Old 01-13-2013, 01:16 AM   #8
Kromeo
Registered User
 
Kromeo's Avatar
 
Join Date: Jan 2012
I really don't have much to say, but I am just going to add that learning the harmonic minor scale will be a short-term release so to speak. Well, it was for me because of the augmented 2nd between the 6th and 7th scale degree.
Kromeo is offline   Reply With Quote
Old 01-13-2013, 04:37 AM   #9
barbuzim1
Registered User
 
Join Date: Jan 2013
Quote:
Originally Posted by sTx
First, learn all the notes on the fretboard, so that once you know how scales and chords work, you can wreak havoc all over the place. Biggest mistake I made was letting myself get 'boxed in'.


That could take you half your life.
yes knowing the notes could help but NO ONE plays 1/16 notes on 200 bpm while thinking C D Eb F F# G A B A Ab G etc...

try to add notes to you Pentatonic scale that you all ready know. between every two notes on the same string and after or before every note (but stay in a half tone or a tone distance from you original note) use your ears to judge if the scale you came up with is good.
barbuzim1 is offline   Reply With Quote
Old 01-13-2013, 05:13 AM   #10
Morphogenesis26
UG Nerd
 
Morphogenesis26's Avatar
 
Join Date: Apr 2011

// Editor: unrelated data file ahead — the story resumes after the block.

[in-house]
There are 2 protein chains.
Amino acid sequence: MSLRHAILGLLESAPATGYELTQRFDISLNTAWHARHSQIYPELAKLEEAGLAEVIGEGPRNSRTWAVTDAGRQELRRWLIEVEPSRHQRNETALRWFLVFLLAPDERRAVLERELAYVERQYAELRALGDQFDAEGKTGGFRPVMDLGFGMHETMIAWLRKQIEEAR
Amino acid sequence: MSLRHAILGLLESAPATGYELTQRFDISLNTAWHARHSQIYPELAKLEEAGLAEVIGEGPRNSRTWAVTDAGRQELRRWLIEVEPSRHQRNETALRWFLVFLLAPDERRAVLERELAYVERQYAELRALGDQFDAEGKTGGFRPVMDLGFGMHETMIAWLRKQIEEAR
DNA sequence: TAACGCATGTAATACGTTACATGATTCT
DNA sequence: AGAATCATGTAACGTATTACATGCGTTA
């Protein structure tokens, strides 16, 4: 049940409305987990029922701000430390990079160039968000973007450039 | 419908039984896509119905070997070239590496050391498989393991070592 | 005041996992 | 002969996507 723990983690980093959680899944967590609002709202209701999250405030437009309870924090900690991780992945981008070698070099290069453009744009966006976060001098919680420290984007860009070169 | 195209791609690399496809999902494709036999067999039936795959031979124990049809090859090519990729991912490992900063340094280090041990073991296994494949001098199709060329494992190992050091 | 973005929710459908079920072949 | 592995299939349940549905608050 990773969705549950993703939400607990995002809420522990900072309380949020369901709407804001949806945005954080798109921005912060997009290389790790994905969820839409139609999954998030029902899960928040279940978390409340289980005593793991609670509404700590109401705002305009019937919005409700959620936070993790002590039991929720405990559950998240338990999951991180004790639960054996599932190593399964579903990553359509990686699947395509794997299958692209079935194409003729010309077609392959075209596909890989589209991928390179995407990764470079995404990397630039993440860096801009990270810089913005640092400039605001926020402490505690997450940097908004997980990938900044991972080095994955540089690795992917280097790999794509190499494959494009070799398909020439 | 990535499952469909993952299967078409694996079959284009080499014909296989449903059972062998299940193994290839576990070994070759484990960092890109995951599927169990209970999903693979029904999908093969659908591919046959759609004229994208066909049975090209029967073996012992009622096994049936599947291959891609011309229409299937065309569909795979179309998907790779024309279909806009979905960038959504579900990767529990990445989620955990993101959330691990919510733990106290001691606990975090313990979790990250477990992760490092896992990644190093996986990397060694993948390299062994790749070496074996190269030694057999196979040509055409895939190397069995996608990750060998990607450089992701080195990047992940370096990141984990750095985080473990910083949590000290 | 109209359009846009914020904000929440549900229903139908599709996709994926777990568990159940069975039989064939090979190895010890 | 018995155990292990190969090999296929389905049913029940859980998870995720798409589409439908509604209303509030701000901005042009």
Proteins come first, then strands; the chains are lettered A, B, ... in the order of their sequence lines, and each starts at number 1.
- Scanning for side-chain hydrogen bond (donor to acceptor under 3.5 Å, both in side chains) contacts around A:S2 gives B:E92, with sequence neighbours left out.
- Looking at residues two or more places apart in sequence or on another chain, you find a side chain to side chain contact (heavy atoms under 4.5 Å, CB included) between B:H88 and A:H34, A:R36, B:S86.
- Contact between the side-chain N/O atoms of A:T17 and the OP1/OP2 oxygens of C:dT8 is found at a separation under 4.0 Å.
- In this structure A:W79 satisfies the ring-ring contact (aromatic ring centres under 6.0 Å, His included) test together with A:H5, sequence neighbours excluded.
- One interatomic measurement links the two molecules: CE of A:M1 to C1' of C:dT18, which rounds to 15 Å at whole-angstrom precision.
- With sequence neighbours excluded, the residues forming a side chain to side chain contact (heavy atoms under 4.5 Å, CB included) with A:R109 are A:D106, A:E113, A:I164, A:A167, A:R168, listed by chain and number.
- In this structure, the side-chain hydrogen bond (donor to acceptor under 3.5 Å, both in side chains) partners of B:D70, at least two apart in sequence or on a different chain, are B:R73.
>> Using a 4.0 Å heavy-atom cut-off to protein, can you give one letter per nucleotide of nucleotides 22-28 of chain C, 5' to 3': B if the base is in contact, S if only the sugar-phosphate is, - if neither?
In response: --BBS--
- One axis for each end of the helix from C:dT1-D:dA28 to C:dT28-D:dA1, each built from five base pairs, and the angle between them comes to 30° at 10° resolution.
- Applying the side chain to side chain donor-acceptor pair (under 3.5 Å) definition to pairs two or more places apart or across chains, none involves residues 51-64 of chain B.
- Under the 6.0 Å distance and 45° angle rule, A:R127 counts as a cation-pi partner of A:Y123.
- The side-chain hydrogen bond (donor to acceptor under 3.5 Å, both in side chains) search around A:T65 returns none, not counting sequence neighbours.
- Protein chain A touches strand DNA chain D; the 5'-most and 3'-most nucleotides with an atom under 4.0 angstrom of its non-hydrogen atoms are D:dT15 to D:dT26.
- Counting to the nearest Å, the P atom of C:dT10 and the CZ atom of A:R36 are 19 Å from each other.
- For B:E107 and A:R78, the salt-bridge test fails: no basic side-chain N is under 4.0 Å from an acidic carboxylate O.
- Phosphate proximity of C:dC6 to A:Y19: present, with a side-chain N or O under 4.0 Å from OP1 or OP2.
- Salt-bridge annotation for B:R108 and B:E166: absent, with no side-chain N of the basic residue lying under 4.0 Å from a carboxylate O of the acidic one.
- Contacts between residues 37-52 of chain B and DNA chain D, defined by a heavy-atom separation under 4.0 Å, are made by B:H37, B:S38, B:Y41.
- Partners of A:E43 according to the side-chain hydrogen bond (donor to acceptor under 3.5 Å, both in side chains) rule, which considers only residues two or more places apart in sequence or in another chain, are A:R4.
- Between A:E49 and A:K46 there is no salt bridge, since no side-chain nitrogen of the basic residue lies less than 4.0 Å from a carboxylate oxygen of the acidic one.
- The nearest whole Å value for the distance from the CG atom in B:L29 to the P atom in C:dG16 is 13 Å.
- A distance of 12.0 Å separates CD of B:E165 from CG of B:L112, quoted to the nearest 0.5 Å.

Quote:
Originally Posted by sTx
First, learn all the notes on the fretboard, so that once you know how scales and chords work, you can wreak havoc all over the place. Biggest mistake I made was letting myself get 'boxed in'.


This. So much this.

I had learnt common scale shapes like the pentatonic, major, minor, and harmonic minor shapes early on and at the time it seemed really cool, like I was progressing as a musician. Well, it started to become a problem when all I could of was shapes and boxes to solo with, and I had also neglected other skills.

Something I heavily urge you to focus on is the notes themselves and the relationship they have with each other, along with a very important technique: Vibrato.
__________________
When life gets tough and you don't know what to do, then just keep






Morphogenesis26 is offline   Reply With Quote
Old 01-13-2013, 05:18 AM   #11
deltadaz
Registered User
 
Join Date: Oct 2011
Chromatic
Major
Minor
Harmonic min
Melodic min
Pentatonic Maj/Min
Blues

not just the shapes learn the theory along with these scales

The major is the most Important everything else is compared to it

for linking the scales together you want to look up the caged system
__________________
But this goes up to 11
deltadaz is offline   Reply With Quote
Old 01-13-2013, 05:41 AM   #12
losing battle
UG's Trollestia